The name isn’t the only thing different about this year’s Junior World Finals in Las Vegas. Previously known as the Junior NFR, the Junior World Finals promises to be bigger and better in a number of ways when the event kicks off Dec. 5 at the Wrangler Rodeo Arena in the South Halls of the Las Vegas Convention Center.
“We will have an all-new look at the Wrangler Rodeo Arena,” said Bo Gardner, vice president of corporate marketing for Las Vegas Events and general manager of the Junior World Finals. “It will be a brand new arena with a new color scheme and a slightly different layout.”
Extra seating has been added to account for the increased attendance in recent years. According to Gardner, there will be an additional 240 bleacher seats. In addition, the Priefert VIP platform will now be two-tiered, which has been made possible by placing the announcers’ stand over the run-out at the timed events end of the arena.
The changes will extend beyond the Wrangler Rodeo Arena.
“We are moving the live-viewing area to accommodate more seating,” Gardner said. “There will be seating and a food court, and we have new LED boards and instant replay. And the Junior World Finals Boulevard will be bigger and better than ever.”
The same could be said for the Junior World Finals.
This year, in addition to the roughstock events of bareback bronc riding, saddle bronc riding and bull riding, the timed events has added pole bending to go along with barrel racing, breakaway roping, steer wrestling, tie-down roping and team roping. As in years past, the roughstock events will run the first five days with the timed events taking up the final five days.
Pole bending is a welcome addition to the rodeo lineup, according to Kelly Kaminski, who serves as the producer for both pole bending and barrel racing.
“I’m excited to bring poles to Vegas and really bring it to the forefront,” she said. “It is such a good event because it has speed, it has finesse, and it has horsemanship. There’s just a lot to it. A good pole run is amazing to watch. I would like to see pole bending grow and this is a great way to start.”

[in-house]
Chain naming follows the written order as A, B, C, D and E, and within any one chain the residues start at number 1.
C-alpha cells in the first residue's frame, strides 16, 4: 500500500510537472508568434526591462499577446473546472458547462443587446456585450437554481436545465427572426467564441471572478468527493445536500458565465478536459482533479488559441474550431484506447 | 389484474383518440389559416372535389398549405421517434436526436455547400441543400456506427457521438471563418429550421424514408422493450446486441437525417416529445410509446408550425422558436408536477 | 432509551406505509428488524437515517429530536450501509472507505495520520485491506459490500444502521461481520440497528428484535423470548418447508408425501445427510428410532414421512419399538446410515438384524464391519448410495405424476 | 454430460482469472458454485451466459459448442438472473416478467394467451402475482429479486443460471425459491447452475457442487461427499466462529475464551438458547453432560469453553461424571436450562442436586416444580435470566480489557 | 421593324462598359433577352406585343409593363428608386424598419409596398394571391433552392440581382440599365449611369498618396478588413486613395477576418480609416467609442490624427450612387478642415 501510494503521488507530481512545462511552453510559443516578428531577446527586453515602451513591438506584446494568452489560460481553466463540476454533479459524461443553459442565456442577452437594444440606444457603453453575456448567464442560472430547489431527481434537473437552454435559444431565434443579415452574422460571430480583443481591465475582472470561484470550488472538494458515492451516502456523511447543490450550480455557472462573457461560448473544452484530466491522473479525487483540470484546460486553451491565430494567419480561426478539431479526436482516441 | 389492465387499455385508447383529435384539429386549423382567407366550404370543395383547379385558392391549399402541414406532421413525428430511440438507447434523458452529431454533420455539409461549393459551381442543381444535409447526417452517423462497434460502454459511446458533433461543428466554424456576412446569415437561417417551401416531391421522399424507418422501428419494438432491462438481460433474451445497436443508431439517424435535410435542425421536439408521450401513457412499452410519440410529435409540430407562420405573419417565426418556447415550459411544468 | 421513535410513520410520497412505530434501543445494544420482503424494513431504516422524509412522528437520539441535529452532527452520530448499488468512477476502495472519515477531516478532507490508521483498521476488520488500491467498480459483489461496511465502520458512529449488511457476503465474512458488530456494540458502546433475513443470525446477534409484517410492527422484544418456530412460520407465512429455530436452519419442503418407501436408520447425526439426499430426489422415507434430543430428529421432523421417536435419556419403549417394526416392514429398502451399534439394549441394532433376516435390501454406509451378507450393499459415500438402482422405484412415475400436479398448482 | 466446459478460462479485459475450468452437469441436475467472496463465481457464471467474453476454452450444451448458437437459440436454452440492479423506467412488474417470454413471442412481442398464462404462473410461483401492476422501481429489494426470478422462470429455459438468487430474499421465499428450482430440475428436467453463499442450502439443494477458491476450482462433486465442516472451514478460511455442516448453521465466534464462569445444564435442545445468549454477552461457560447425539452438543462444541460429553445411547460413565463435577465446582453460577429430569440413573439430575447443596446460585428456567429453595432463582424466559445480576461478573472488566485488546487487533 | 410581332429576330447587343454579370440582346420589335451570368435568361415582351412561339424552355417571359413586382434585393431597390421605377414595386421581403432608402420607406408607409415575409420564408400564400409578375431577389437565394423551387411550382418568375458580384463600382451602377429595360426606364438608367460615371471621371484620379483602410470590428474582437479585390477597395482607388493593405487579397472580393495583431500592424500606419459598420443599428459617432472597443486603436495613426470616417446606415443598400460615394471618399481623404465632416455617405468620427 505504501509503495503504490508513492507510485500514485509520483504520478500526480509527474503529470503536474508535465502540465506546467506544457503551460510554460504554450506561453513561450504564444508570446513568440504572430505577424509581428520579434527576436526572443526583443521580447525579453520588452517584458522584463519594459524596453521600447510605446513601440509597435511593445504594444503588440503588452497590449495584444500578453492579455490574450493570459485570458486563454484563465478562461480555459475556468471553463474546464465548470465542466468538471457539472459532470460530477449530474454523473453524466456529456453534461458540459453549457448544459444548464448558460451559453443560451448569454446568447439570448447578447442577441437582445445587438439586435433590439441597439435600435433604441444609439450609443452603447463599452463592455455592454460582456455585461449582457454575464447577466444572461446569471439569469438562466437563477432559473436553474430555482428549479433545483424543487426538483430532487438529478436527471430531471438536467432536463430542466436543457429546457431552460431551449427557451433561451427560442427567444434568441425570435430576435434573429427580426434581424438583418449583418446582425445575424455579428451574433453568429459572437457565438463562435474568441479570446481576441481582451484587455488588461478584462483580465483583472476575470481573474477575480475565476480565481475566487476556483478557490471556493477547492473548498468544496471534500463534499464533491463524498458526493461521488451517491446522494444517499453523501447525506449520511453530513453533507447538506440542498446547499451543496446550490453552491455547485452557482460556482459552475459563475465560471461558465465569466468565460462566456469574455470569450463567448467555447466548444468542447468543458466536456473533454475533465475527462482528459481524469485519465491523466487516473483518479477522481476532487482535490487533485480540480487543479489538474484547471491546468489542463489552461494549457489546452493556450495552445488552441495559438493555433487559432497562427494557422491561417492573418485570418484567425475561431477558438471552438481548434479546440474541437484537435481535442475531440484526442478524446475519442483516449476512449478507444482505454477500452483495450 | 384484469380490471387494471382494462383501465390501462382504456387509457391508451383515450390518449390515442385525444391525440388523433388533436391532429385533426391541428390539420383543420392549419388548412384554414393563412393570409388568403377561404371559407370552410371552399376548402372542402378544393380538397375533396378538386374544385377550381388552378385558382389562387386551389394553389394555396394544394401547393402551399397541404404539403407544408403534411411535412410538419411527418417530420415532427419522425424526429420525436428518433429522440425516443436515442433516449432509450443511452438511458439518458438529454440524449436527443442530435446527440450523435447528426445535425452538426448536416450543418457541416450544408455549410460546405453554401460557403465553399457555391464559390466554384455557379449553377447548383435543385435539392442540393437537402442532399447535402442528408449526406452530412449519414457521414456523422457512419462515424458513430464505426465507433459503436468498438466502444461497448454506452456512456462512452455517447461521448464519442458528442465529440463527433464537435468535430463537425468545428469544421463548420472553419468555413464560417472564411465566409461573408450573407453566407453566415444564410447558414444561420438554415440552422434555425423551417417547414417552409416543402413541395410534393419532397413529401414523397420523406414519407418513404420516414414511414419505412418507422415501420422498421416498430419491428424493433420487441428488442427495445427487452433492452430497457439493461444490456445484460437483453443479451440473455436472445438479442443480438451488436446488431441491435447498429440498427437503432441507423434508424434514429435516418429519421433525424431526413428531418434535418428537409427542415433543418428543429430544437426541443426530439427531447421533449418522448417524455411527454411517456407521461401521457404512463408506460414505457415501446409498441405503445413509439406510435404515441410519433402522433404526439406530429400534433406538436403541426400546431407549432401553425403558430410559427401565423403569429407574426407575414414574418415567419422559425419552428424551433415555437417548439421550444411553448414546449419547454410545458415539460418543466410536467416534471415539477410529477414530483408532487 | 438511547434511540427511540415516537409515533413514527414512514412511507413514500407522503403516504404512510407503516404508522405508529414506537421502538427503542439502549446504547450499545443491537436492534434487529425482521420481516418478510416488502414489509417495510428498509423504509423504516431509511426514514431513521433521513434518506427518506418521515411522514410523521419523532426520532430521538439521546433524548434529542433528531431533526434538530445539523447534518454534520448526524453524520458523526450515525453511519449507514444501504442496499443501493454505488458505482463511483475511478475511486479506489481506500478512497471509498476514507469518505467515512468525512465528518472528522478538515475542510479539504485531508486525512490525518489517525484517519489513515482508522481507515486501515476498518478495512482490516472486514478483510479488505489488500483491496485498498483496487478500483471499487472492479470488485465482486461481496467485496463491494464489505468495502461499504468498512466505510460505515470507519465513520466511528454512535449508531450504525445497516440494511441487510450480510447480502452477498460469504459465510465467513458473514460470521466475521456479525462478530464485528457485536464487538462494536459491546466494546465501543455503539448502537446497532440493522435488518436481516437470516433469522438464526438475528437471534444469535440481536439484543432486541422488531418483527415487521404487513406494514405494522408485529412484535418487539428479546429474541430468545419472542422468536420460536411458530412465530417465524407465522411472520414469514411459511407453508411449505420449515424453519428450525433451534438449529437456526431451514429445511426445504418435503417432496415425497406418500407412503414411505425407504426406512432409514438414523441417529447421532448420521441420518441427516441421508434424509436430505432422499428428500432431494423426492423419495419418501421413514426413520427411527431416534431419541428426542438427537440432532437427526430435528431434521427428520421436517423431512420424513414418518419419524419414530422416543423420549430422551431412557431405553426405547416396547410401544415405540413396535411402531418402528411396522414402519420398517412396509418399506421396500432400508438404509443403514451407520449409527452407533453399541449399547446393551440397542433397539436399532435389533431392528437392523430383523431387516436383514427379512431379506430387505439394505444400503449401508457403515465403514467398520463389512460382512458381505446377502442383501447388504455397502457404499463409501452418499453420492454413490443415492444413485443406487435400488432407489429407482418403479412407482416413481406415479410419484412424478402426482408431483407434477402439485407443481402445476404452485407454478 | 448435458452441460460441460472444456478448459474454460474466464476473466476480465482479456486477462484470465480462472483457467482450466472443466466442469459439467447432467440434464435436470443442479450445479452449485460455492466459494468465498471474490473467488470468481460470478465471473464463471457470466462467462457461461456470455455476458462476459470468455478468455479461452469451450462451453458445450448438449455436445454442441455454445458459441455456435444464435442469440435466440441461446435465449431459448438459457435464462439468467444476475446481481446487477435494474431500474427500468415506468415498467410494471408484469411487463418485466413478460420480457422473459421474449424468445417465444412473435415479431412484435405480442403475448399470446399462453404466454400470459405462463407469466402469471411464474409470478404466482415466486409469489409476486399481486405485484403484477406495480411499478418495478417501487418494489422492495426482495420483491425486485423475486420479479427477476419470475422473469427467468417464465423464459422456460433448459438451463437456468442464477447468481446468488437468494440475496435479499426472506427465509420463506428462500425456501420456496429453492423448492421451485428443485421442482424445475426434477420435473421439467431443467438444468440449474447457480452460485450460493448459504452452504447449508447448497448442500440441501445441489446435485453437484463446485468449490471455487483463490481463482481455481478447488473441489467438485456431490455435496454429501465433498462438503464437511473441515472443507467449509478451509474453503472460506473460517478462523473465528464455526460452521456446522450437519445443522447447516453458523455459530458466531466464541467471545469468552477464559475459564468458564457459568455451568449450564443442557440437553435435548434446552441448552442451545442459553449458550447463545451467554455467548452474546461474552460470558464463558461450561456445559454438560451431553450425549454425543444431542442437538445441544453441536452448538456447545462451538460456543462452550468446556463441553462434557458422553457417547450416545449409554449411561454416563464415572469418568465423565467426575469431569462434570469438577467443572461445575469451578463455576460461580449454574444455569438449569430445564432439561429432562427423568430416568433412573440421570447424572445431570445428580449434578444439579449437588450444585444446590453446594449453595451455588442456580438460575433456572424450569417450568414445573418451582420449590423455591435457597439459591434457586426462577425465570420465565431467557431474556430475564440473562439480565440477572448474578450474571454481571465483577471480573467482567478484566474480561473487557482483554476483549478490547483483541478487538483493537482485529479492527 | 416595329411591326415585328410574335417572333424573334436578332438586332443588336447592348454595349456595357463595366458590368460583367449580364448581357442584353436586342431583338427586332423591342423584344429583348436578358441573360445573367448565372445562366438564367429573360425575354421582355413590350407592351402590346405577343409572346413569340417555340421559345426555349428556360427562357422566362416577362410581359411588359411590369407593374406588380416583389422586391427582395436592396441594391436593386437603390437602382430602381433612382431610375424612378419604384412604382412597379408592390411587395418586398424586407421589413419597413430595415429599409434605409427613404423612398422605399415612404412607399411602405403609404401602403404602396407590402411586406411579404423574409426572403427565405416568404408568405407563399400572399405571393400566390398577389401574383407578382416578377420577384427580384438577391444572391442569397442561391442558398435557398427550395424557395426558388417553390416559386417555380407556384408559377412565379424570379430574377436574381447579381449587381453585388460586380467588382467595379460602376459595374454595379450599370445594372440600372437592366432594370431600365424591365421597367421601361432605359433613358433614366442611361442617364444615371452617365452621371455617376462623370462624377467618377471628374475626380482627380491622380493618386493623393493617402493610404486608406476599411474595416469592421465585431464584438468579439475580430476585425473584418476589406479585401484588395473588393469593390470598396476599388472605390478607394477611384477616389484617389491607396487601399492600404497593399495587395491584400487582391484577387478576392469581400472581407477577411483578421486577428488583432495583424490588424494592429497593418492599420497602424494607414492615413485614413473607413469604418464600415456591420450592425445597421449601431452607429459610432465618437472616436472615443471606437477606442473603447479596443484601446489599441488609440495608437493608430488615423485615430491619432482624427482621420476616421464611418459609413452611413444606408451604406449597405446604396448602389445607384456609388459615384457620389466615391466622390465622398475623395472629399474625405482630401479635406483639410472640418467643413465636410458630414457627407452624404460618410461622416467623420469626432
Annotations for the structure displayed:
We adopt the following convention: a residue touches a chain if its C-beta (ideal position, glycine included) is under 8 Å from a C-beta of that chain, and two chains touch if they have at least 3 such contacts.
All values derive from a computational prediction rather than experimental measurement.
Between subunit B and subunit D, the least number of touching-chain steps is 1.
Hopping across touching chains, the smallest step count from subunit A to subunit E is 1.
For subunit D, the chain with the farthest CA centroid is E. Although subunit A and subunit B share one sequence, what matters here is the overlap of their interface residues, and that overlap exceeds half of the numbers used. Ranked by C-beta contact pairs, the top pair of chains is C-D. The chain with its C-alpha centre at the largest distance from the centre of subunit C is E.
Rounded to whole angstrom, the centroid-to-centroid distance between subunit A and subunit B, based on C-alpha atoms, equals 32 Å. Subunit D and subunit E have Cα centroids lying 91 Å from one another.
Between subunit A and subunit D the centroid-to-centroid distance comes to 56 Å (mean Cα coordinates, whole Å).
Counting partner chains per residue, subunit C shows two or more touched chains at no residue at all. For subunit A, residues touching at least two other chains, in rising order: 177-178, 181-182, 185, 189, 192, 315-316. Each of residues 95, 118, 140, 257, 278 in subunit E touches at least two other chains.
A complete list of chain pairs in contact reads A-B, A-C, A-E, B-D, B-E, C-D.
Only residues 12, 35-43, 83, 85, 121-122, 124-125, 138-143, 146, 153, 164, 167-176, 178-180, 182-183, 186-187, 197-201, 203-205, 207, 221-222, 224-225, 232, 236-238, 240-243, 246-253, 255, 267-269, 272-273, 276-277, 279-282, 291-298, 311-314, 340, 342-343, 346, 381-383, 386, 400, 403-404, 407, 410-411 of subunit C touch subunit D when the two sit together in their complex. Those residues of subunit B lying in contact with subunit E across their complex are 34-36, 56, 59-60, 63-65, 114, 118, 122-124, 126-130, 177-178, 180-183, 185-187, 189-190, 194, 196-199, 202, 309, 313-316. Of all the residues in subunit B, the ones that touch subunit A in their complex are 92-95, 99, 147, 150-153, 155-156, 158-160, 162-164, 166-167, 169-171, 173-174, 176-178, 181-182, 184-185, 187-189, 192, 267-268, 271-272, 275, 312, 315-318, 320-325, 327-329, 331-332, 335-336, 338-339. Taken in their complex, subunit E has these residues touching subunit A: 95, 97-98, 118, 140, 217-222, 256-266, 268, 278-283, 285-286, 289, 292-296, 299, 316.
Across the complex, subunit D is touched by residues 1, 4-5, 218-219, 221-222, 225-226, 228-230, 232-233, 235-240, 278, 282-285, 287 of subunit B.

Kaminski will hold 10 pole bending qualifiers throughout the country – ranging from Mississippi to California and points in between – with the top four finishers at each qualifier advancing to the Junior World Finals. That will bring the total number of qualifiers for all nine events to about 750 of the best young cowboys and cowgirls to Las Vegas for the 10-day Junior World Finals.
With pole bending in the fold, Las Vegas Events has added an all-around title to the mix, with the top point-scorer for the boys and the top point-scorer for the girls vying for a horse trailer. As always, contestants will compete for prize money, awards and scholarships in each event. The all-around title is just an added incentive.
“By adding pole bending it gives the girls another chance at that all-around trailer,” Kaminski said.
Unlike in years past, when the rodeo was free to attend until the finals, fans will have to pay each day. But that cost is for the whole day and fans are welcome to leave the arena and return without having to pay again.
Gardner believes the cost is not only a bargain, but the money is for a good cause.
“We are charging $5 per day or $20 for a five-day pass,” he said, “but 120 percent of that money goes back to the prize money for the contestants. Las Vegas Events is not doing that to pay for anything or to put more money in our pockets, it’s to give it back to the contestants.
“If you come to watch the Junior World Finals, you will get your money’s worth.”